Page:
Meghan Markle Went Out of Her Way to Wear Sustainable Fashion. Will Her Fans?
For her first royal tour through Australia, New Zealand, Fiji, and the Kingdom of Tonga, Meghan Markle attended 76 events and changed outfits multiple times a day. She wore shirt dresses, blazers, two pairs of sneakers, fitted jeans, and modern handbags—and most of it promptly sold out.
It’s not news, of course, that when Meghan Markle wears something, people buy it. But many of her looks this tour were created by sustainable fashion brands, meaning the companies do things like use safe chemicals and dyes, make sure fabrics can be recycled, and make efforts to be socially responsible when it comes to sourcing their materials and hiring.
It’s clear that Markle—or her stylist, who is rumored to be her close friend Jessica Mulroney—was strategic in selecting the looks. She wore a mix of local sustainable brands, like Maggie Marilyn and Outland denim, and old favorites, like Stella McCartney, who has long been committed to sustainability and using vegan materials. She also wore contemporary labels like Reformation, which prioritizes minimizing its environmental footprint and puts out a yearly sustainability report, and Rothys shoes, which are made from recycled plastic. And there’s been an immediate impact.
Markle wears Maggie Marlyn, a sustainable brand based in New Zealand.
Meghan Markle wearing Reformation.
Meghan wearing Rothys flats
Since the Duchess wore Outland Denim last month, the Australia-based brand says they've seen a 950% sales increase. The brand hires as seamstresses young women who were formerly enslaved or exploited, as well as local women at risk of falling into poverty. They prioritize paying employees living wages, as well as offering education programs. Thanks to the sales bump from Markle being well-photographed in her $195 skinny jeans six times during the tour, the brand says it’ll be able to hire between 15 and 30 seamstresses in its Cambodian production house.
Outland Denim saw a 950% sales increase after Markle wore these jeans.
“It is quite remarkable to think The Duchess of Sussex’s influence means more jobs almost immediately,”said Outland Denim founder, James Bartle, said in a release. “This means women will be able to earn a living wage, provide for their children in terms of nutrition, care and education, and will gain new skills and confidence in a positive workplace environment.”
When Markle wore a $225 quartz-toned structured saddle bag from Cuyana to board a plane at Sydney Airport, it sold out that day, and the black version sold out the following. There are more than 1,000 on the waitlist for the bag in the color Markle wore. Plus, the brand gained more than 1,500 followers on Instagram and saw 25 press mentions.
Cuyana’s saddle bag in quartz sold out the same day Markle carried it onto a plane in Sydney.
“I think her choices will help consumers see that there are ways for all of us to make a difference by seeing there are choices you can make, whether that’s wearing brands and products that are sustainable or wearing pieces multiple times,” says Shilpa Shah, the co-founder of Cuyana. Shah points out that her brand also thinks about the timelessness of the designs, in hopes that buyers will hold onto the items, thus reducing waste. “She seems to be conscious about rewearing things which sends a message that it’s not simply about wearing new products but choosing pieces that will last a long time.”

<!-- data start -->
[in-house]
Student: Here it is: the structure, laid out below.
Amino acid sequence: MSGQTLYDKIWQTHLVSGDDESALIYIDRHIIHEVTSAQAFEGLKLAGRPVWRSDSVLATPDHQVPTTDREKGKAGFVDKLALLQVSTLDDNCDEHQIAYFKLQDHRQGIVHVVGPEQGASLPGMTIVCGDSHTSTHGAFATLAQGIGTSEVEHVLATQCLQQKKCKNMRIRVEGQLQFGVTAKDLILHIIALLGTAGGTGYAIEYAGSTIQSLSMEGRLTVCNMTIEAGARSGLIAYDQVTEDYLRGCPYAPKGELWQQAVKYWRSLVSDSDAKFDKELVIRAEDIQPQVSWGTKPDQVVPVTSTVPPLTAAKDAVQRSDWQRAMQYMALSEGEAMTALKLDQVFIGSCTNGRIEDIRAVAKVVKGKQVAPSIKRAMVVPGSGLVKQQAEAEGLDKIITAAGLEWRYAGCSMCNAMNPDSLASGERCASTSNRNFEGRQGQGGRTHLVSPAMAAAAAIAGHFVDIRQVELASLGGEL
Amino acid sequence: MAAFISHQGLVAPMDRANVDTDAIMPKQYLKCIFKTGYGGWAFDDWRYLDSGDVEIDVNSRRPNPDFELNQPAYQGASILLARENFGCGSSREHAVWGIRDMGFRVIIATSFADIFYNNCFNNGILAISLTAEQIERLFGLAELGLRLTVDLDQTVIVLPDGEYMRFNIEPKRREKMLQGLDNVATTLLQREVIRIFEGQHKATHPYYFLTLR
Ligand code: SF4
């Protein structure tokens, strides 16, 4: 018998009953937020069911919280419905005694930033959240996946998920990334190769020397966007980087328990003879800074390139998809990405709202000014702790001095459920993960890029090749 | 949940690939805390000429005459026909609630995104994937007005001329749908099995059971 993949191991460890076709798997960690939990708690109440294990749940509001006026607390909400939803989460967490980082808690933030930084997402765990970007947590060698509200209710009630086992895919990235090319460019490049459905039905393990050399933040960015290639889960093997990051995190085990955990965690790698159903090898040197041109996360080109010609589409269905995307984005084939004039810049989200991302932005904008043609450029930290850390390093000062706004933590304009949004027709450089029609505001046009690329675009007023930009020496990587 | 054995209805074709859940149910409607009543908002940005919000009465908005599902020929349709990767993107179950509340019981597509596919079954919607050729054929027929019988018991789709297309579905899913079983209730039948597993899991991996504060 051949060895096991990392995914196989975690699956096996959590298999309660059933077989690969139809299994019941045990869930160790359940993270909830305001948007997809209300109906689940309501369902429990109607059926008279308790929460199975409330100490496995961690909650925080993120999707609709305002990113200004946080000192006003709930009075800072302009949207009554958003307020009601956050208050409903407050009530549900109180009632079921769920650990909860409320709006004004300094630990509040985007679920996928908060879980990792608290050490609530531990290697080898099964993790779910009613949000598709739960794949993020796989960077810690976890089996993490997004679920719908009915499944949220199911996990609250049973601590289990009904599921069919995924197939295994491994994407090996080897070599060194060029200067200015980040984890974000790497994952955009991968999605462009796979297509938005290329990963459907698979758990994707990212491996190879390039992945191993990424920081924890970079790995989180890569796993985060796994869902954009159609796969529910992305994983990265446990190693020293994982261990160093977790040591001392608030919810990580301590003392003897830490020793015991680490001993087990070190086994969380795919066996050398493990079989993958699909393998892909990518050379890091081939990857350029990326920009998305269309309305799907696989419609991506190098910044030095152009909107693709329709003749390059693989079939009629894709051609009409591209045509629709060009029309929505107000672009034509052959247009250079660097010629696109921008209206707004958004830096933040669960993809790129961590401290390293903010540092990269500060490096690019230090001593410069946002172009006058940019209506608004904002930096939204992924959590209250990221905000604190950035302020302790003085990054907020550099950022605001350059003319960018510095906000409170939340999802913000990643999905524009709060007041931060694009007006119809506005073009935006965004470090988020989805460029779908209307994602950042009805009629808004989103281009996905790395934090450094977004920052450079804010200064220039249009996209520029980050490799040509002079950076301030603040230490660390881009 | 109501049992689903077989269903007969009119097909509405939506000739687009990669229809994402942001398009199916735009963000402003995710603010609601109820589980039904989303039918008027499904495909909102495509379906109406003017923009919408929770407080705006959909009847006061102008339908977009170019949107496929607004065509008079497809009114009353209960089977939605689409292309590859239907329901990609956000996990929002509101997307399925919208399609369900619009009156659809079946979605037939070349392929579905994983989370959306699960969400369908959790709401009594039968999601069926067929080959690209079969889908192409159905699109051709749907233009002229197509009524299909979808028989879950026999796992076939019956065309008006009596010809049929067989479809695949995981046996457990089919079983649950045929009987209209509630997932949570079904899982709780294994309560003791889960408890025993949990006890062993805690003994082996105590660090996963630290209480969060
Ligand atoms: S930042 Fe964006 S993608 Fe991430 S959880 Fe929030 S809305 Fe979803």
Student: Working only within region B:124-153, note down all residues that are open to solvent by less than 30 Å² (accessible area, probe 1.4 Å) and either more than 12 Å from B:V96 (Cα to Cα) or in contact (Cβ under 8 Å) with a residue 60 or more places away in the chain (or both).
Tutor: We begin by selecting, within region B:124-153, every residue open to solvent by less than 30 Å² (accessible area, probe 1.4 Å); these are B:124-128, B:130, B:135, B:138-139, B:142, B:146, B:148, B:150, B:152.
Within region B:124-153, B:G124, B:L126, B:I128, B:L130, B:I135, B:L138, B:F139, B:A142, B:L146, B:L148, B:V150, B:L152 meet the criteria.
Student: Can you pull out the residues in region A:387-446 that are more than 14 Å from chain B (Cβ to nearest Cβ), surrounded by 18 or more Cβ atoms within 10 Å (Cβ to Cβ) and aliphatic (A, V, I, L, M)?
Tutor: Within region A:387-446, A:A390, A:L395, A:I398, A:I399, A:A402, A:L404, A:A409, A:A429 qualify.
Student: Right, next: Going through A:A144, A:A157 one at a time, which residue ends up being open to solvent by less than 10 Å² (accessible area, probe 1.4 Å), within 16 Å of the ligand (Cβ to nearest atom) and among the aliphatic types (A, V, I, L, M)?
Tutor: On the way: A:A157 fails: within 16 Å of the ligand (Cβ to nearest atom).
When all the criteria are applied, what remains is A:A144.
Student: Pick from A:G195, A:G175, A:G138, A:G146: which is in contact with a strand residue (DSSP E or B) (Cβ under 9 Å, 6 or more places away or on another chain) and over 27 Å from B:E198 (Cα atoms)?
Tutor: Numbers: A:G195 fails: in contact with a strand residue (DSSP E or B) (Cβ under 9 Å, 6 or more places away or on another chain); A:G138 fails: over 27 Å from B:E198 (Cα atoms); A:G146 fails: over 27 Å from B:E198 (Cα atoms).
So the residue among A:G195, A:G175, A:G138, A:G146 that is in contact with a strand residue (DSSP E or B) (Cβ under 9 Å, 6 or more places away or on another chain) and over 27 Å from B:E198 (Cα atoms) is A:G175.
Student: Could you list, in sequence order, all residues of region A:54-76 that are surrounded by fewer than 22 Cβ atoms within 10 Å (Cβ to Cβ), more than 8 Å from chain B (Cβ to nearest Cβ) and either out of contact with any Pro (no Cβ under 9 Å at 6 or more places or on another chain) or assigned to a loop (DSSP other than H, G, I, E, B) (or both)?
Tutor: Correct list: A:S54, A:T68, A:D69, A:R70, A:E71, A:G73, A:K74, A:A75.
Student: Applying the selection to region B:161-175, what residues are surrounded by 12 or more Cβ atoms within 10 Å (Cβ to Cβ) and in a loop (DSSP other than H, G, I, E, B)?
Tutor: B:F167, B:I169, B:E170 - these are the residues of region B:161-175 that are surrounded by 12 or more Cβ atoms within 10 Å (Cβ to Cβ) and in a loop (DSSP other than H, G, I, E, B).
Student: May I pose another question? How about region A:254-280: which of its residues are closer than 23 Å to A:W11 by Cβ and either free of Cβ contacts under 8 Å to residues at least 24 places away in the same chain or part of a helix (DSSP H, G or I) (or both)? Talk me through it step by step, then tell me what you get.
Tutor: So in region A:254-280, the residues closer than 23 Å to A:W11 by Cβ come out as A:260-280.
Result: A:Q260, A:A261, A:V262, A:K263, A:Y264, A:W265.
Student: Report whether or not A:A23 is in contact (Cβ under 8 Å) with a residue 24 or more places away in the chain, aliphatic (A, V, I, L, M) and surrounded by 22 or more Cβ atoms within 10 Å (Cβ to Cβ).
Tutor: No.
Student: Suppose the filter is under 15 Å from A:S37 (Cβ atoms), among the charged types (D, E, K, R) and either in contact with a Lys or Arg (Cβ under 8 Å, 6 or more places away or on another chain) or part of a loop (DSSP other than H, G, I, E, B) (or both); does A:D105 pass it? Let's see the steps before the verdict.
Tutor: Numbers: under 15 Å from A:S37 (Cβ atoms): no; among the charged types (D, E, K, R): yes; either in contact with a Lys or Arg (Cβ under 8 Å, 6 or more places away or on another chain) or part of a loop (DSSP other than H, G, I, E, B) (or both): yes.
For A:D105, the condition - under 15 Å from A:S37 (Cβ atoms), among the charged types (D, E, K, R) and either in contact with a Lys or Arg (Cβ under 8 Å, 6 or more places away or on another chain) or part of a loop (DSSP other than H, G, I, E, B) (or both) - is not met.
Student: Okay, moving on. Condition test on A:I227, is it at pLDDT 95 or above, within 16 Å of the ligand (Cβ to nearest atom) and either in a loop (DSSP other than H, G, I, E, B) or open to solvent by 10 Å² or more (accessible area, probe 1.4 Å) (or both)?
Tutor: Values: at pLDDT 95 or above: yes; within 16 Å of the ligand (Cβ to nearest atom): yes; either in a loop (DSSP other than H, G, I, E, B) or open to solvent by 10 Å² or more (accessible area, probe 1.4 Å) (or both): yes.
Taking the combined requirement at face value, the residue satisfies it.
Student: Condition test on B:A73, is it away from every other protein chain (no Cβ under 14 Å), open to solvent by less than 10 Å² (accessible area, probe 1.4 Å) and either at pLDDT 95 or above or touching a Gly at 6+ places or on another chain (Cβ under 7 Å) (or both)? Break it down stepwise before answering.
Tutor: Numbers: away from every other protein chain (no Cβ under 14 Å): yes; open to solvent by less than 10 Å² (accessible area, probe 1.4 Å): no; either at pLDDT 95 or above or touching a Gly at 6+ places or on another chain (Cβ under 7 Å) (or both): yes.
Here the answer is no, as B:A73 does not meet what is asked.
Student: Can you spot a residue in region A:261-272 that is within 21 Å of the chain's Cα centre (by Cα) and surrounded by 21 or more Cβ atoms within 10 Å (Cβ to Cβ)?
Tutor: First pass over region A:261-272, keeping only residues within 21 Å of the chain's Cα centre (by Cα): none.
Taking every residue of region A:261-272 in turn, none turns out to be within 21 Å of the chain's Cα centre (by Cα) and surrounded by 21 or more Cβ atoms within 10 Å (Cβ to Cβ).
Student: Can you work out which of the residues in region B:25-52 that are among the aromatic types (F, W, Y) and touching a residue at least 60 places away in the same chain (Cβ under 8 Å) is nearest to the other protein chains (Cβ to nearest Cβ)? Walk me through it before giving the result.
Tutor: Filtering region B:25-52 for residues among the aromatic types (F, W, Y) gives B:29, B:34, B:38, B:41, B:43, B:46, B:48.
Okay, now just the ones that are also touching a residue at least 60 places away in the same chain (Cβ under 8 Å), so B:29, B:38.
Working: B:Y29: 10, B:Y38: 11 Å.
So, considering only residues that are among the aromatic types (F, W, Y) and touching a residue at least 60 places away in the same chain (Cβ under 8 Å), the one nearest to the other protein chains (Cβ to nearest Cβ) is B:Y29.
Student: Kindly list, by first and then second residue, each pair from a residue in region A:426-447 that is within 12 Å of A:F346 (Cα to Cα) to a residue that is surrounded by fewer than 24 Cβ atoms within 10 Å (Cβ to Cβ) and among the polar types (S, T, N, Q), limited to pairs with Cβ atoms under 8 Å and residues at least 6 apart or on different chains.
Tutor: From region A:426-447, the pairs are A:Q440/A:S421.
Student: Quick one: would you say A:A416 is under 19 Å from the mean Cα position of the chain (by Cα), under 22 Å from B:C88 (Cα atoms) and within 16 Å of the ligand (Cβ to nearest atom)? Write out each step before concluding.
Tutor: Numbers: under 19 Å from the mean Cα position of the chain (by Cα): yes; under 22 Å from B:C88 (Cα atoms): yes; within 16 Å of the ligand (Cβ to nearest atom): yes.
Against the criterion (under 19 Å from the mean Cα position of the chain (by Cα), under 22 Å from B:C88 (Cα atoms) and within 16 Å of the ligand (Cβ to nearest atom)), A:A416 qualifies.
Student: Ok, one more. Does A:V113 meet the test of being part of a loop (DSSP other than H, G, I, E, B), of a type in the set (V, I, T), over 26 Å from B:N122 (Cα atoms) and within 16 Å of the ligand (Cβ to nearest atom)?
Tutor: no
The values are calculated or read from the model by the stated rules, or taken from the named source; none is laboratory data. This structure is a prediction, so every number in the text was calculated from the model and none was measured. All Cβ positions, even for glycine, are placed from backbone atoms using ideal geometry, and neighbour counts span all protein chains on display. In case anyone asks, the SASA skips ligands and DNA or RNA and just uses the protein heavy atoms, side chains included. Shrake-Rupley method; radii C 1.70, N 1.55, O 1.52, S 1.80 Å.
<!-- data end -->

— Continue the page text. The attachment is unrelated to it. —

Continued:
Shah explains Cuyana practices sustainability in “every layer of our business, from where we manufacture and produce.” The brand, for example, creates items in the same countries where they source materials, so by making bags in Italy from Italian leather, they’re eliminating the energy that goes into transportation.
Shah says Markle was gifted the bag from her makeup artist, Daniel Martin, who the brand has a partnership with. But it seems Markle is also going out of their way to find sustainable brands. The French footwear brand Veja tells ELLE they didn’t send Markle the the Esplar sneakers she was photographed wearing to a sailing event at the Invictus Games in Australia.
Markle wears sneakers by the French brand, Veja.
“The real thing that we are happy with is that it helped a lot of people knowing our project, the way we are producing, the ecological raw materials we use,” a spokesperson for the brand says in an email. “A lot of people contacted us through the social networks to learn more about the project, what is behind Veja.”
Those championing sustainable fashion hope that a Markle fan buying a pair of jeans she wears is just the first step.
“It is going to have such an impact, I know for sure, because she is such a role model to many in many different age categories,” says Tamara Tamara Zwart, Director of Textiles & Apparel, at Cradle to Cradle’s Products Innovation Institute, a non-profit that promotes sustainable manufacturing.
Her colleague Emma Williams, the Acting Head of Communications at Cradle to Cradle adds: “[Markle] is modeling those choices in a way that is inspiring consumers more broadly to make the same choices — if that’s to buy the same product, that’s fabulous and it’s my hope that it will also then inspire them to make other choices based on similar values.
"Maybe the gateway is to buy the same pair of jeans or shoes but ideally then that starts to become a practice.”
This story originally appeared on Townandcountrymag.com.
* Minor edits have been made by the Townandcountry.ph editors.